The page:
As Marx and Engels pointed out, when Hegel demonstrated this proposition, Hegel showed that his philosophy of history contains a never-ending spiral of historical development spirit and the establishment of a complete and systematic theory of historical philosophy. There is a paradox between metaphysics and physics, content and form. Therefore, we should also align “what is real is reasonable; that which is reasonable is real” with Hegel’s entire philosophical content and his philosophical spirit to understand its specific meaning, and under no circumstances should we separate it from the language environment of the time. We are not to understand these two propositions according to the language background, thinking pattern, living habits of modern people and thus petrify their meanings. It is even more inappropriate to understand them under the realities of that time. Instead, we should understand this sentence in view of the historical development to unravel its contemporary practical significance. We should discard everything that hinders historical progress without hesitation; we should actively support everything that can promote social development. It is also our obligation to actively promote the rapid development of society at all costs, strive to make step-by-step progress of the Chinese nation and realize the Two Centenary Goals in light of the dynamics of the proposition “What is real is reasonable; that which is reasonable is real”. In this way, the real liberation of all mankind will be promoted, and the communist society will finally be realized and become a reality.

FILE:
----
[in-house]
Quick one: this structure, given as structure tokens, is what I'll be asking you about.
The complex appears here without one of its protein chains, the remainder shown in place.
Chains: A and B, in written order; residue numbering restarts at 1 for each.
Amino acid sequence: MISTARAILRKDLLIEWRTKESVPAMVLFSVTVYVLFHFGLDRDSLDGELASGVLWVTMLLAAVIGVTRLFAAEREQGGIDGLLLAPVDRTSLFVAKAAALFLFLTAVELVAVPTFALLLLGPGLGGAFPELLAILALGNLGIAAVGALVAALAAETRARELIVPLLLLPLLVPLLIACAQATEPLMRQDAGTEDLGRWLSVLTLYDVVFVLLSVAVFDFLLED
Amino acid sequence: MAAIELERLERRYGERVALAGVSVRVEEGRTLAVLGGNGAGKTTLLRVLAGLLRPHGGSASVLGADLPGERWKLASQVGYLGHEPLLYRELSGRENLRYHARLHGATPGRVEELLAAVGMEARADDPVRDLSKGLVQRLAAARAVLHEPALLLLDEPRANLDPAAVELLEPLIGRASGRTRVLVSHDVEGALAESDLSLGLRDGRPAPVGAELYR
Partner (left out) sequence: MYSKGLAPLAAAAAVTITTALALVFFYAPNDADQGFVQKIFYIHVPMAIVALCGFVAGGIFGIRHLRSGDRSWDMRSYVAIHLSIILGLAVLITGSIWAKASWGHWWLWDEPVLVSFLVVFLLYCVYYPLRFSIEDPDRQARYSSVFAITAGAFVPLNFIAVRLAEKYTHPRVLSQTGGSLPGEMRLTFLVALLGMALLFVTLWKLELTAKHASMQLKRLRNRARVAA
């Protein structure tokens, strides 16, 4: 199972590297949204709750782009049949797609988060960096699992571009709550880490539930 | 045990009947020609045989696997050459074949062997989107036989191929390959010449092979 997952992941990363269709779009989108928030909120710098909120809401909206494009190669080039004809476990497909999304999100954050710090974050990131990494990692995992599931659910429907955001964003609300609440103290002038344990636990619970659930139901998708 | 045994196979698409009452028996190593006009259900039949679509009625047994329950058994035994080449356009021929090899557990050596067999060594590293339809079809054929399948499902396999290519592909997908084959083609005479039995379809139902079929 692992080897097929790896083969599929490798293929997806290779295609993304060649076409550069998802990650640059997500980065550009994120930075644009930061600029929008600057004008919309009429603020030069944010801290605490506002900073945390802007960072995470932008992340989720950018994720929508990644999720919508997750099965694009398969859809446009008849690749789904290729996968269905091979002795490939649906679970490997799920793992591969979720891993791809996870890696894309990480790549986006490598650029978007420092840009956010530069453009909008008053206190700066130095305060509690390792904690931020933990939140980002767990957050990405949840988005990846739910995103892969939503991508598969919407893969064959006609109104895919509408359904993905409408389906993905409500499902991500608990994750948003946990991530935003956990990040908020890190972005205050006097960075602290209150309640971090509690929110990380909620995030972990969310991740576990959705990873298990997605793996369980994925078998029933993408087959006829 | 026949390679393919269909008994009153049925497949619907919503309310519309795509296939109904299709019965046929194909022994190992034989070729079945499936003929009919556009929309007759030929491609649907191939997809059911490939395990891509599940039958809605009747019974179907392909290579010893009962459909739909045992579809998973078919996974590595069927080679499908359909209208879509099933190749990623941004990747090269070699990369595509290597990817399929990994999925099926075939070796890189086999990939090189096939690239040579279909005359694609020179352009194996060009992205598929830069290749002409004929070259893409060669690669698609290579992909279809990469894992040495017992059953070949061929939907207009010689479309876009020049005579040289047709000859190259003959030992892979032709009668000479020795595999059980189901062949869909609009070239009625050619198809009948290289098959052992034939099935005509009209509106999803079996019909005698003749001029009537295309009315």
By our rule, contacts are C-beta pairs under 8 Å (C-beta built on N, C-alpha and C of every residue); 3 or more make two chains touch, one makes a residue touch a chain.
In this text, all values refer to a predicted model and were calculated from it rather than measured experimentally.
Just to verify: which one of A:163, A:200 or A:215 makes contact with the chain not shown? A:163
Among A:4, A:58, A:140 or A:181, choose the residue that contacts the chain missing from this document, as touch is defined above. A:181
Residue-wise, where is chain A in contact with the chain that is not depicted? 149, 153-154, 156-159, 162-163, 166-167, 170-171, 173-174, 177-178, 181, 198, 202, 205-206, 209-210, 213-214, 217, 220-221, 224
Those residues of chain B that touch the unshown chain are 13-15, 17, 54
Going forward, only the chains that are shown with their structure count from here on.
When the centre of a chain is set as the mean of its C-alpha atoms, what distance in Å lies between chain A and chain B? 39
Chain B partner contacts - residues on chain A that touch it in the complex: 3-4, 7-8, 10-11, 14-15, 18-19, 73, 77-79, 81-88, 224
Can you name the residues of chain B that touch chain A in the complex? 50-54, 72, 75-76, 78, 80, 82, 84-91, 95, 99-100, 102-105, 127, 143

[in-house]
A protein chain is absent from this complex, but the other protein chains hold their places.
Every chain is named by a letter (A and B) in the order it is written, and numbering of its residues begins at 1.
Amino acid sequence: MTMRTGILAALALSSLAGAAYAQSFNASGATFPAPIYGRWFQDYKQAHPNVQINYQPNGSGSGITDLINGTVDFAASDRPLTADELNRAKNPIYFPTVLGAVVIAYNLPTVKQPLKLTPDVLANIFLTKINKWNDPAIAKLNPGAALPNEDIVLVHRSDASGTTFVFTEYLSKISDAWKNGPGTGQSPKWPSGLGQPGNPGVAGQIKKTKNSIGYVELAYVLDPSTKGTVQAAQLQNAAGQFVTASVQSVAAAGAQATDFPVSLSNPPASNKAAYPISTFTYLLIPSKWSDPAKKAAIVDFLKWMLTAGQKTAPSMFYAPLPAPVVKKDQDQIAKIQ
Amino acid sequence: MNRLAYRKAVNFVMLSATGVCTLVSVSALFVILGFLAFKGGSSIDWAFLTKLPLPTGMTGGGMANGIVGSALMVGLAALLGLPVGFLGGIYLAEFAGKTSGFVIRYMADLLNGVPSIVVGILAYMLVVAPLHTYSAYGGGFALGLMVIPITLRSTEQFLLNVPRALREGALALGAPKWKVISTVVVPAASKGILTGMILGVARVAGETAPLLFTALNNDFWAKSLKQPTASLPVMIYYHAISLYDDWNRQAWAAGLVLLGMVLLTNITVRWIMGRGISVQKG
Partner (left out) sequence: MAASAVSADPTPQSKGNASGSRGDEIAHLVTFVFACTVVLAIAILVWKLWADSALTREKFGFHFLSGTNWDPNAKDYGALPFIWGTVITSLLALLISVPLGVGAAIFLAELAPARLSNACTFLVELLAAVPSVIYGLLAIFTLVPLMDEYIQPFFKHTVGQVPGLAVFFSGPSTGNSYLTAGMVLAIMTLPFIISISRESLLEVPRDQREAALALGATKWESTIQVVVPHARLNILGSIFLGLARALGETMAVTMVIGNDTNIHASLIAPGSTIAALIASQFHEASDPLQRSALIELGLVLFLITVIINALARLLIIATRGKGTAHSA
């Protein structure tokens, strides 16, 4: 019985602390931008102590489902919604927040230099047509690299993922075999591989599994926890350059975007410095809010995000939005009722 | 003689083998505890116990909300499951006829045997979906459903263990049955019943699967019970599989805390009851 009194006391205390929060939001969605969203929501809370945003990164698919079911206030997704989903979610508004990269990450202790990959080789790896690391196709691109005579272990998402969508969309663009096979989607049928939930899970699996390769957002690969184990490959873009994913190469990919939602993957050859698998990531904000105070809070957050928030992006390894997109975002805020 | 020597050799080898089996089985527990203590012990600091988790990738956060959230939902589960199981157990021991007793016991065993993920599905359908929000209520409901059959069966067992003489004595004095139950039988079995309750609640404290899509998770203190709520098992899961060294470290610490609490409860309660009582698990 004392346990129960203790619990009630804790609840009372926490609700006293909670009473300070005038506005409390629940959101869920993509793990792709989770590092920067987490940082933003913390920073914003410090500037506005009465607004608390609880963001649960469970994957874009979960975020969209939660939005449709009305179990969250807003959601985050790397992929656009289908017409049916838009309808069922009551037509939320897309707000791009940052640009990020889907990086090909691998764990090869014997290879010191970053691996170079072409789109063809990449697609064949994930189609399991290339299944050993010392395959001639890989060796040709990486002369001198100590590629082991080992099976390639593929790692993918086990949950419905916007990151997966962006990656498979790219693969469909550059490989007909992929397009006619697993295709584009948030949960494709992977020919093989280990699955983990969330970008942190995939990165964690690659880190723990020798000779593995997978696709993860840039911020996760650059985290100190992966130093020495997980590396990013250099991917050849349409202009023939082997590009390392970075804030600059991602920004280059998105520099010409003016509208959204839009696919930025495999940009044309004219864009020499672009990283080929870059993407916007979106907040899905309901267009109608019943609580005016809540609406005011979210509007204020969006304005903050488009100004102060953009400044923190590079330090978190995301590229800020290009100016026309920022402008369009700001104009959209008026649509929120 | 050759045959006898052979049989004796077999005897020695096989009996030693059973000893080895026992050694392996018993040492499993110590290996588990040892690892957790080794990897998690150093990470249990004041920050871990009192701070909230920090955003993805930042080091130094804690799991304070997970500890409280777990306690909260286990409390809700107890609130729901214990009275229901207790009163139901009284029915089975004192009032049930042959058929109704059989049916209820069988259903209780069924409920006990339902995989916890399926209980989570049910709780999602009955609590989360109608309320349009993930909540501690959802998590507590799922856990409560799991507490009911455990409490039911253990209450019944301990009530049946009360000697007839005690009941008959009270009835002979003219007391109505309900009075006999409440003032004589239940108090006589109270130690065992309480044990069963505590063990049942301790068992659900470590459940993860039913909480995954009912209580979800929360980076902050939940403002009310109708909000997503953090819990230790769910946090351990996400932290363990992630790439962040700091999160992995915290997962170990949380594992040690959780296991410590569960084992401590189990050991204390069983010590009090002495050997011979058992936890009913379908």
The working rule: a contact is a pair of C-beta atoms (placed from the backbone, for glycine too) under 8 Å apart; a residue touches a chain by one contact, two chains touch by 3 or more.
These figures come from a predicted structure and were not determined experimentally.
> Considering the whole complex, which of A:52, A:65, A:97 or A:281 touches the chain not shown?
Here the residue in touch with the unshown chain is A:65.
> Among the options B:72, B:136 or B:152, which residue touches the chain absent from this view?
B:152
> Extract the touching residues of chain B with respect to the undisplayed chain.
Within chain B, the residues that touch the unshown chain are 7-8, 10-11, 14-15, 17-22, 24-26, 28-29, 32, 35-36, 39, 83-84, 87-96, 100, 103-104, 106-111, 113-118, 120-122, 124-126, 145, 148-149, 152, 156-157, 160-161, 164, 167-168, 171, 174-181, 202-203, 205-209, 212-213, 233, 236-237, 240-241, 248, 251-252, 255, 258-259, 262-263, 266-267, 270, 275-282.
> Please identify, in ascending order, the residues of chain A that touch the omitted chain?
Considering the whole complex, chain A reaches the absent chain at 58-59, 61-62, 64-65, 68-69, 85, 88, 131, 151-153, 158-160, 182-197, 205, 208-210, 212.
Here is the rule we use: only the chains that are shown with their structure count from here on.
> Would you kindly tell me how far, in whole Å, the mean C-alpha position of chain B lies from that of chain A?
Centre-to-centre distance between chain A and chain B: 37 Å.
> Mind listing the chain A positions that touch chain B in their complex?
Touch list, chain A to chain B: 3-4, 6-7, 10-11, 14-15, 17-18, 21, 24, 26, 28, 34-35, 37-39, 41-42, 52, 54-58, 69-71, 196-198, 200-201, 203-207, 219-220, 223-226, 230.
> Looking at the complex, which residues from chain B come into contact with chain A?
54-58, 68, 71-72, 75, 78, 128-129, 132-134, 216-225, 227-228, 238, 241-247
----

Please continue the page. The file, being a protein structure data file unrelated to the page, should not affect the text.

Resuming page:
Cite this paper: Xie, X. (2021) Comment on “What Is Reasonable Is Real; That Which Is Real Is Reasonable”. Open Journal of Social Sciences, 9, 314-320. doi: 10.4236/jss.2021.91022.

[1]   Deng, X. M. (1986). Lecturea on Ancient Greek and Roman Philosophy. Beijing: World Book Inc.

[2]   Deng, X. M. (2006). Deng Xiaomang on Hegel. Beijing: Peking UP.

[3]   Engels, F. (1972). Ludwig Feuerbach and the End of German Classical Philosophy. In Central Compilation and Translation Bureau (Translated). Shanghai: People’s Publishing House.

[4]   Hegel, G. W. F. (2009). Lesser Logic. In H. Lin (Translated). Shanghai: People’s Publishing House.